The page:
Among the commercial pig populations, the highest FST values were found between the SA Landrace and the Duroc populations (0.189) and between the Large White and the Duroc populations (0.171). The FST value between the SA Landrace and the Large White populations was smaller at 0.112. This pattern supports results by Kotze & Visser (1996), who reported that SA Landrace pigs were more closely related to Large White and distant from the Duroc breed, using protein markers. This trend was anticipated because the Landrace breed was originally a cross between a native Danish pig and the Large White, whereas the Duroc represents a distinct breed. Results by Paszek et al. (1998) and (Lemus-Flores et al., 2001), using linked microsatellites, also showed that Duroc animals were distant from other commercial populations, including the Large White. Among the indigenous populations, FST and RST values showed that the Kolbroek was slightly more differentiated from the Namibian and Mozambican populations, compared to differentiation between the latter two populations. In the absence of historical data, the mechanism for this cannot be determined.

Average FST values among commercial populations (0.157) and indigenous populations (0.155) were lower than values for pair-wise comparison of commercial and indigenous populations (0.194). However, pair-wise comparison showed unexpected low FST values between the Mozambican and Large White populations (0.128) and between the Mozambican and SA Landrace populations (0.135). Results from RST were generally similar. The trend of lower than expected differentiation between certain commercial and indigenous populations cannot be explained in the absence of historical data.

The FST values did not show a consistent pattern of high or low differentiation between the Kune-Kune breed and southern African populations (0.088 - 0.239). Trends from RST suggested comparatively more differentiation between the Kune-Kune and southern African populations (RST = 0.207 - 0.358 compared to values of 0 - 0.270 within and between commercial and indigenous groups).

Results from the assignment test suggested a true genetic structure with significant differentiation among all populations, except the commercial SA Landrace and Large White breeds. This result from the Bayesian-based assignment test therefore supports the trend from frequency-based FST values, which showed significant differentiation among all population pairs but with the lowest FST observed between the SA Landrace and Large White breeds. Five populations displayed a pattern of strong distinctiveness, with more than 80% of individuals assigned to a single cluster in each case. These were the SA Landrace (95.8%), Large White (96.6%), Duroc (97.4%), Namibia (97.8%) and Kolbroek (82.1%). By contrast, significant numbers of pigs from the Kune-Kune breed were distributed over several clusters, with the most prominent cluster containing only 56.9% of individuals. The Mozambican population showed less homogeneity still, with the most prominent cluster containing only 45.8% of pigs from that population. Overall, the results from the assignment test support the hypothesis of high homogeneity within most breeds or national populations sampled. The notable exception is the indigenous pigs from Mozambique. The distribution of pigs from this country over several clusters could reflect the large number of sub-populations sampled, or be the signature of a diverse founding history. In the absence of historical data, the exact mechanism cannot be determined.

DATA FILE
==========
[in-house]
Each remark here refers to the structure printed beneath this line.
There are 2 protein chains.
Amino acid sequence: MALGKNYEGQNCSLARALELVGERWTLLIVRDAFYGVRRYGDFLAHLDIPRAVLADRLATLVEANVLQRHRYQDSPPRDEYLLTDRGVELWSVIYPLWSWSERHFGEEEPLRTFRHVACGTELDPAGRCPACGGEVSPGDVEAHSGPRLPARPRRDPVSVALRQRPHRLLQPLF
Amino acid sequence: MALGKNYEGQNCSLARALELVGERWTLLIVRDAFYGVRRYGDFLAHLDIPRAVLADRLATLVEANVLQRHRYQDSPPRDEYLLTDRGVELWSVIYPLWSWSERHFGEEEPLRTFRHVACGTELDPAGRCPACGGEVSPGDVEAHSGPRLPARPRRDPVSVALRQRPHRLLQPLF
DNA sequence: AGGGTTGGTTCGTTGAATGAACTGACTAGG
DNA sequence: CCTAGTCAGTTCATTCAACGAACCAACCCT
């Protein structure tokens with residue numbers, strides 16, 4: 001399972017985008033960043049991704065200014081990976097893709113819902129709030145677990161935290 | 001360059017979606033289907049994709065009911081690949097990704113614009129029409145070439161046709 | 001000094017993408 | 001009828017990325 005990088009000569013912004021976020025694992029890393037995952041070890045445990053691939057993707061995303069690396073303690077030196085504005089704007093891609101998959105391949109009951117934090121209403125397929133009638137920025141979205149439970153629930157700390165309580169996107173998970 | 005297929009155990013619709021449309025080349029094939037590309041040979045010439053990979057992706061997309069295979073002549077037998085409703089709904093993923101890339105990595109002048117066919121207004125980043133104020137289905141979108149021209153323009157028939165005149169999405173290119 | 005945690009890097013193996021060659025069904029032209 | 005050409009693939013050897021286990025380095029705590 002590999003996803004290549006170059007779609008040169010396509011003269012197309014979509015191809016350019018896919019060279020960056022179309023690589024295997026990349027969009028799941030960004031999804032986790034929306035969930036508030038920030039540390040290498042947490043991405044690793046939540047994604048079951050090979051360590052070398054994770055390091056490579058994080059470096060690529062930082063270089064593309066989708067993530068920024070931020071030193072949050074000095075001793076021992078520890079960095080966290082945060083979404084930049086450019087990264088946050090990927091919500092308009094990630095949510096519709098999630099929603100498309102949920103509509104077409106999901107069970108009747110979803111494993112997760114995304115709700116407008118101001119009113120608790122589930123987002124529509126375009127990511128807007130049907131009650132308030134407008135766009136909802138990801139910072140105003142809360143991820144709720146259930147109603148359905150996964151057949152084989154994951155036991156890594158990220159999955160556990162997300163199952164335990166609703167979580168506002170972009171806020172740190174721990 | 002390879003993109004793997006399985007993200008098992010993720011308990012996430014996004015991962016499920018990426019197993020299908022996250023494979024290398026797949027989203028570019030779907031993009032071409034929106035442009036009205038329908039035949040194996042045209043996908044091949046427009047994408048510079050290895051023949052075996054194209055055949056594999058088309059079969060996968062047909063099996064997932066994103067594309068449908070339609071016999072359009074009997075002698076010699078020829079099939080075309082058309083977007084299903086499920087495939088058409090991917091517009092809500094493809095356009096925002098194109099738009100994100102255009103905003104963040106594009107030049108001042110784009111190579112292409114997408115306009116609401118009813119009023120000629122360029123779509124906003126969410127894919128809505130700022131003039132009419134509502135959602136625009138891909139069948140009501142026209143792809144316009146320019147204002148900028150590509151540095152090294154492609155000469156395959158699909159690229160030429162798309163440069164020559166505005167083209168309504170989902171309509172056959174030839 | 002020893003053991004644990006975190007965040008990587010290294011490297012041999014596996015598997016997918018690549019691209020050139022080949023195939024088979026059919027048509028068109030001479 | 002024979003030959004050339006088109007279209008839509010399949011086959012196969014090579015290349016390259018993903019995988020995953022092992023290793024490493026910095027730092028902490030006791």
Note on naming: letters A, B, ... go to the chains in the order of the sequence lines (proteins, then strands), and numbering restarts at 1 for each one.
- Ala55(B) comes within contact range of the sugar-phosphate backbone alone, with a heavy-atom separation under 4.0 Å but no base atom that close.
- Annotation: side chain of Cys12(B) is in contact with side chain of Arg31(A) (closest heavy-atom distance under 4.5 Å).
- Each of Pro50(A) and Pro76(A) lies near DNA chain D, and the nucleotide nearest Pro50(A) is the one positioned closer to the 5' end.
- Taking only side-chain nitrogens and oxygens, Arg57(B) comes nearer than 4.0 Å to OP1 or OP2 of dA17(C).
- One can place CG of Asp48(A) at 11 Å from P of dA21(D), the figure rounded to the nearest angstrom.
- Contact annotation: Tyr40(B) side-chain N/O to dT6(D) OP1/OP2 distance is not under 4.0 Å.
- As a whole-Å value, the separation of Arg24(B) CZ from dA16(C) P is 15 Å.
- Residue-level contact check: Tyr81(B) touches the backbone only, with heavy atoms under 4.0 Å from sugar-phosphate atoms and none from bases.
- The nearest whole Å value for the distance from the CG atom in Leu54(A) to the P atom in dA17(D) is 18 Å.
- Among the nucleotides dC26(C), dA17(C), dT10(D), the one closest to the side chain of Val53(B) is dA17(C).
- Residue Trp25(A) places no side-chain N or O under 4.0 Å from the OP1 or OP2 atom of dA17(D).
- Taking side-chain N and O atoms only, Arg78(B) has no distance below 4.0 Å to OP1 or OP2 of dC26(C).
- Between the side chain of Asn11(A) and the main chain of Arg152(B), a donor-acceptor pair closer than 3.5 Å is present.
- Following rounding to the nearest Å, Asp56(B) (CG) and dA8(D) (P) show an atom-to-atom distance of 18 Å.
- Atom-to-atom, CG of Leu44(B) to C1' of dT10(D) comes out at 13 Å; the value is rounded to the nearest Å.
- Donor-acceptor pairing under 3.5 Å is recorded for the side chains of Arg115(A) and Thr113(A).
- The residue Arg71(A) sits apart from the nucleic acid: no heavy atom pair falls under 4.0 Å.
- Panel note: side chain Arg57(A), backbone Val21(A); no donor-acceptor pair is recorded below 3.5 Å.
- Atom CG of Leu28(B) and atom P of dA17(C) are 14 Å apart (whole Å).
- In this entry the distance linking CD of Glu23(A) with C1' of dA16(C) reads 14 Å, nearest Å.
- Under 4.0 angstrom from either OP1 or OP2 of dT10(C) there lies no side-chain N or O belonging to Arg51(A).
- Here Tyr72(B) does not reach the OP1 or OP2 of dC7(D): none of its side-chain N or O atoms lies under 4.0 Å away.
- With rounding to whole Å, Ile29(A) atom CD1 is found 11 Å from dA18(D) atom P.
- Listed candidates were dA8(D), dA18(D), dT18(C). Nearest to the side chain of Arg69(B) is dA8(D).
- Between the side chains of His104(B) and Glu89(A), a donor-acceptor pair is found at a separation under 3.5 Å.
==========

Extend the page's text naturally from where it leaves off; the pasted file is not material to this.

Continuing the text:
Conclusions

This study represents the first attempt to genetically characterize domestic and indigenous pig populations in southern Africa using microsatellite markers. The results show that levels of genetic diversity in national populations of specific groups are moderate to high. This should provide a resource for selection and adaptation. Levels of diversity in individual populations were not assessed and breeders should be encouraged to practise sound management strategies. Estimates of differentiation and genetic structure confirm the history of individual populations where known, and suggest considerable uniqueness in indigenous pig populations. The results obtained from this study can now contribute to the establishment of routine DNA typing services to the advantage of the pig industry in South Africa. The practical importance of the results from the current study is, however, slightly compromised by the fact that the FAO-ISAG recommended panel of microsatellites was not used. It is thus recommended that further genetic characterization studies on southern African pigs should be undertaken using the FAO-ISAG recommended panel of microsatellites, to ensure compatibility between laboratories worldwide.

 

Acknowledgements

The authors wish to thank D. Visser for samples donated and for information on populations; and M. Rothschild from the Pig Genome Project, USA for donating the pig markers to the Animal Genetics Section at Irene. We thank the two anonymous reviewers for valuable comments that resulted in significant improvements to this MS.

 

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* Corresponding author. E-mail: groblerjp@ufs.ac.za